This week, Facebook fell victim to hackers who managed to deface Mark
Zuckerberg’s page, no doubt earning the perpetrators tremendous props
within their own social community. Facebook quickly closed the door on that
particular exploit, but by then of course the Internets were abuzz and the
damage was done. The company quickly followed up with some unrelated security
distractions: HTTPS, good for countering Firesheep (I love that name); social
authentication instead of CAPTCHAs (this is actually interesting and plays to
their strengths); and an announcement that this Friday is “Data Privacy
There aren’t many details available on the hack (the Guardian has a great
investigation examining some of the clues that were left behind), but it
appears that one particular API didn’t perform sufficient authorization on
a POST. This is a common problem when you don... (more)
Earlier this fall, Anil John put out the following Twitter challenge:
“@Vordel, @layer7, @IBM_DataPower If you support REST, implement support
for URI templates in XML Security Gateways”
Somebody brought Anil’s tweet to our attention this week, and Jay Thorne,
who leads our tactical group, put together a nice example of just how to do
this using SecureSpan Gateways.
URI templates are a simple idea to formalize variable expansion inside URI
prototypes. A receiving system can then trivially parse out substituted
components of the URI and use these as input. There’s an IETF submissio... (more)
Cloud is now mature enough that we can begin to identify anti-patterns
associated with using these services.
Keith Shaw from Network World and I spoke about worst practices in the cloud
last week, and our conversation is now available as a podcast.
Come and learn how to avoid making critical mistakes as you move into the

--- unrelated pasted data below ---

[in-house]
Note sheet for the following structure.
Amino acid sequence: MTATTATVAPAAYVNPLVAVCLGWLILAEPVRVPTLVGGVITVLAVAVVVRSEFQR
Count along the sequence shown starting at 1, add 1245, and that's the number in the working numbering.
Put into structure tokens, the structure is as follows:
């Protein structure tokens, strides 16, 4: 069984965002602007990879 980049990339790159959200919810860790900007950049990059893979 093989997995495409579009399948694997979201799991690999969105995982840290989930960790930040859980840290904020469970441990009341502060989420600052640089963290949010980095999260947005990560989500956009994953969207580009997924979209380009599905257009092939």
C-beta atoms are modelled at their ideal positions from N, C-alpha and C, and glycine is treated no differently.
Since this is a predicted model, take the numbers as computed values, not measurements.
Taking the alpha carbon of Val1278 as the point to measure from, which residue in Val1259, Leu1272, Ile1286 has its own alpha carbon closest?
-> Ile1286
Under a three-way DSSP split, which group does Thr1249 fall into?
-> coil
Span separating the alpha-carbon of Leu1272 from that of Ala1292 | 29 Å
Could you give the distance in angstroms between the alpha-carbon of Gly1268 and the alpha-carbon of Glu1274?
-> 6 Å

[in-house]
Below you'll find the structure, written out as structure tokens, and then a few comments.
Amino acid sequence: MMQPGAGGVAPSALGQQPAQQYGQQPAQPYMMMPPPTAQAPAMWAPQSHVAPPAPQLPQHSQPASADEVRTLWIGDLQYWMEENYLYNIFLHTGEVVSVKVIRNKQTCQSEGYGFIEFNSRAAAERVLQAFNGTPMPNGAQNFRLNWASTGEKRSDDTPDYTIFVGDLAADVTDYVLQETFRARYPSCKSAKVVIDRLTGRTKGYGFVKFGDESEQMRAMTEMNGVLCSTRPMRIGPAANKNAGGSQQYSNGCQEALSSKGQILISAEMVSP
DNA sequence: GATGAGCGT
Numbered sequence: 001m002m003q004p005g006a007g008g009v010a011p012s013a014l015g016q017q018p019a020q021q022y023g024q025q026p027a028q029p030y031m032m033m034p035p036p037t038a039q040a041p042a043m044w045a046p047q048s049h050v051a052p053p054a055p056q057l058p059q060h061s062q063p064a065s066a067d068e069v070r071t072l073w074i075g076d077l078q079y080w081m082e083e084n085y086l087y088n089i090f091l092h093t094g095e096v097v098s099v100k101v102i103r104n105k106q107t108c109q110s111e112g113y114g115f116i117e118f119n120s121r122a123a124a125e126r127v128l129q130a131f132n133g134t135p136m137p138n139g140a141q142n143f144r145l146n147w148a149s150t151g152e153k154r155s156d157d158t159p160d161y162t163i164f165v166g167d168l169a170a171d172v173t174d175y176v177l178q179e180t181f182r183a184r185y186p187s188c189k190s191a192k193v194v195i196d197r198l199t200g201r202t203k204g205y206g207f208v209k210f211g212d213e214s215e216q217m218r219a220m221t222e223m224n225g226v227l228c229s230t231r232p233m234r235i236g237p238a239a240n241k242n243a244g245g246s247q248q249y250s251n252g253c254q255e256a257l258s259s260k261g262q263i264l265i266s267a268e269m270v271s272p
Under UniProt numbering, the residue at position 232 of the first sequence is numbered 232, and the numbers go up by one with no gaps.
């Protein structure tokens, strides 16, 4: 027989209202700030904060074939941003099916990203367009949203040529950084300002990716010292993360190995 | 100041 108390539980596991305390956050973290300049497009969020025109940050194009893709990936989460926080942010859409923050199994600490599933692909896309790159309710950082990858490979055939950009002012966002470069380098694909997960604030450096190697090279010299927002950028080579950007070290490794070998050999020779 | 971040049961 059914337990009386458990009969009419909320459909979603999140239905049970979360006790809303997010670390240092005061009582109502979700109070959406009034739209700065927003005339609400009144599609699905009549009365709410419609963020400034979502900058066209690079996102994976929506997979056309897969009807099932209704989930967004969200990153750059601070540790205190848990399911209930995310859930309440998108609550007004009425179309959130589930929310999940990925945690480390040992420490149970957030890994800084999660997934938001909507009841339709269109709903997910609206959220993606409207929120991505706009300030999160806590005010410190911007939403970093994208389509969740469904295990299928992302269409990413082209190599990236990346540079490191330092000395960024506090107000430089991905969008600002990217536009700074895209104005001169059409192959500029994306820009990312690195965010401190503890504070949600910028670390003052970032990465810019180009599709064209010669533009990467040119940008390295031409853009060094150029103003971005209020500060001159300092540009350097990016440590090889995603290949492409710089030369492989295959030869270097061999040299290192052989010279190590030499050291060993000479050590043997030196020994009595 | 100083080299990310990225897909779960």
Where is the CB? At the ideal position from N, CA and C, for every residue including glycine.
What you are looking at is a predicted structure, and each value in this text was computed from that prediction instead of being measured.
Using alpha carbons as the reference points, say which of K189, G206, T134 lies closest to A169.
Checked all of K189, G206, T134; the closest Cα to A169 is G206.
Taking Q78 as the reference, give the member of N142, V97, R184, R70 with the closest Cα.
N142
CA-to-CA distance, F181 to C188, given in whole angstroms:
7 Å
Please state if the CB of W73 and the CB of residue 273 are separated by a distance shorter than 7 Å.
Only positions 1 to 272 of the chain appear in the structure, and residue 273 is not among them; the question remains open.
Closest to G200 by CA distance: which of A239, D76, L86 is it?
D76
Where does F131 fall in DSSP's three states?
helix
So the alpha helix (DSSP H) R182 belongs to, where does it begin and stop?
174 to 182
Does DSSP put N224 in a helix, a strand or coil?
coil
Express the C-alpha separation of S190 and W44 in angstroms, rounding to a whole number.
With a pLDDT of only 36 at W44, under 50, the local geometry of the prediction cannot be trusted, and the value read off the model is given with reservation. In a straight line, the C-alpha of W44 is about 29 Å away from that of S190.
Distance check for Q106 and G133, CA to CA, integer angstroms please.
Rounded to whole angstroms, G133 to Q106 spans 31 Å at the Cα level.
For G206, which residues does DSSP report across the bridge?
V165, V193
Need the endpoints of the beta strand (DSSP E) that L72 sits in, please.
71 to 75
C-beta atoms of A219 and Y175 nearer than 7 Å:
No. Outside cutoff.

Christian Perry has an article in Processor Magazine that I contributed some
quotes to. The article is about the ongoing debate about the merits of public
and private clouds in the enterprise.
One of the assertions that VMWare made at last week’s VMWorld conference is
that secure hybrid clouds are the future for enterprise IT.
This is a sentiment I agree with. But I also see the private part of the
hybrid cloud as an excellent stepping stone to public clouds.
Most future enterprise cloud apps will reside in the hybrid cloud; however,
there will always be some applications, such as... (more)
What is the cloud, really? Never before have we had a technology that suffers
so greatly from such a completely ambiguous name. Gartner Research VP Paolo
Malinverno has observed that most organizations define cloud as any
application operating outside their own data centre. This is probably as
lucid a definition as any I’ve heard.
More formalized attempts to describe cloud rapidly turn into essays that
attempt to bridge the abstract with the very specific, and in doing seem to
miss the cloud for the clouds. Certainly the most effective comprehensive
definition has come from the ... (more)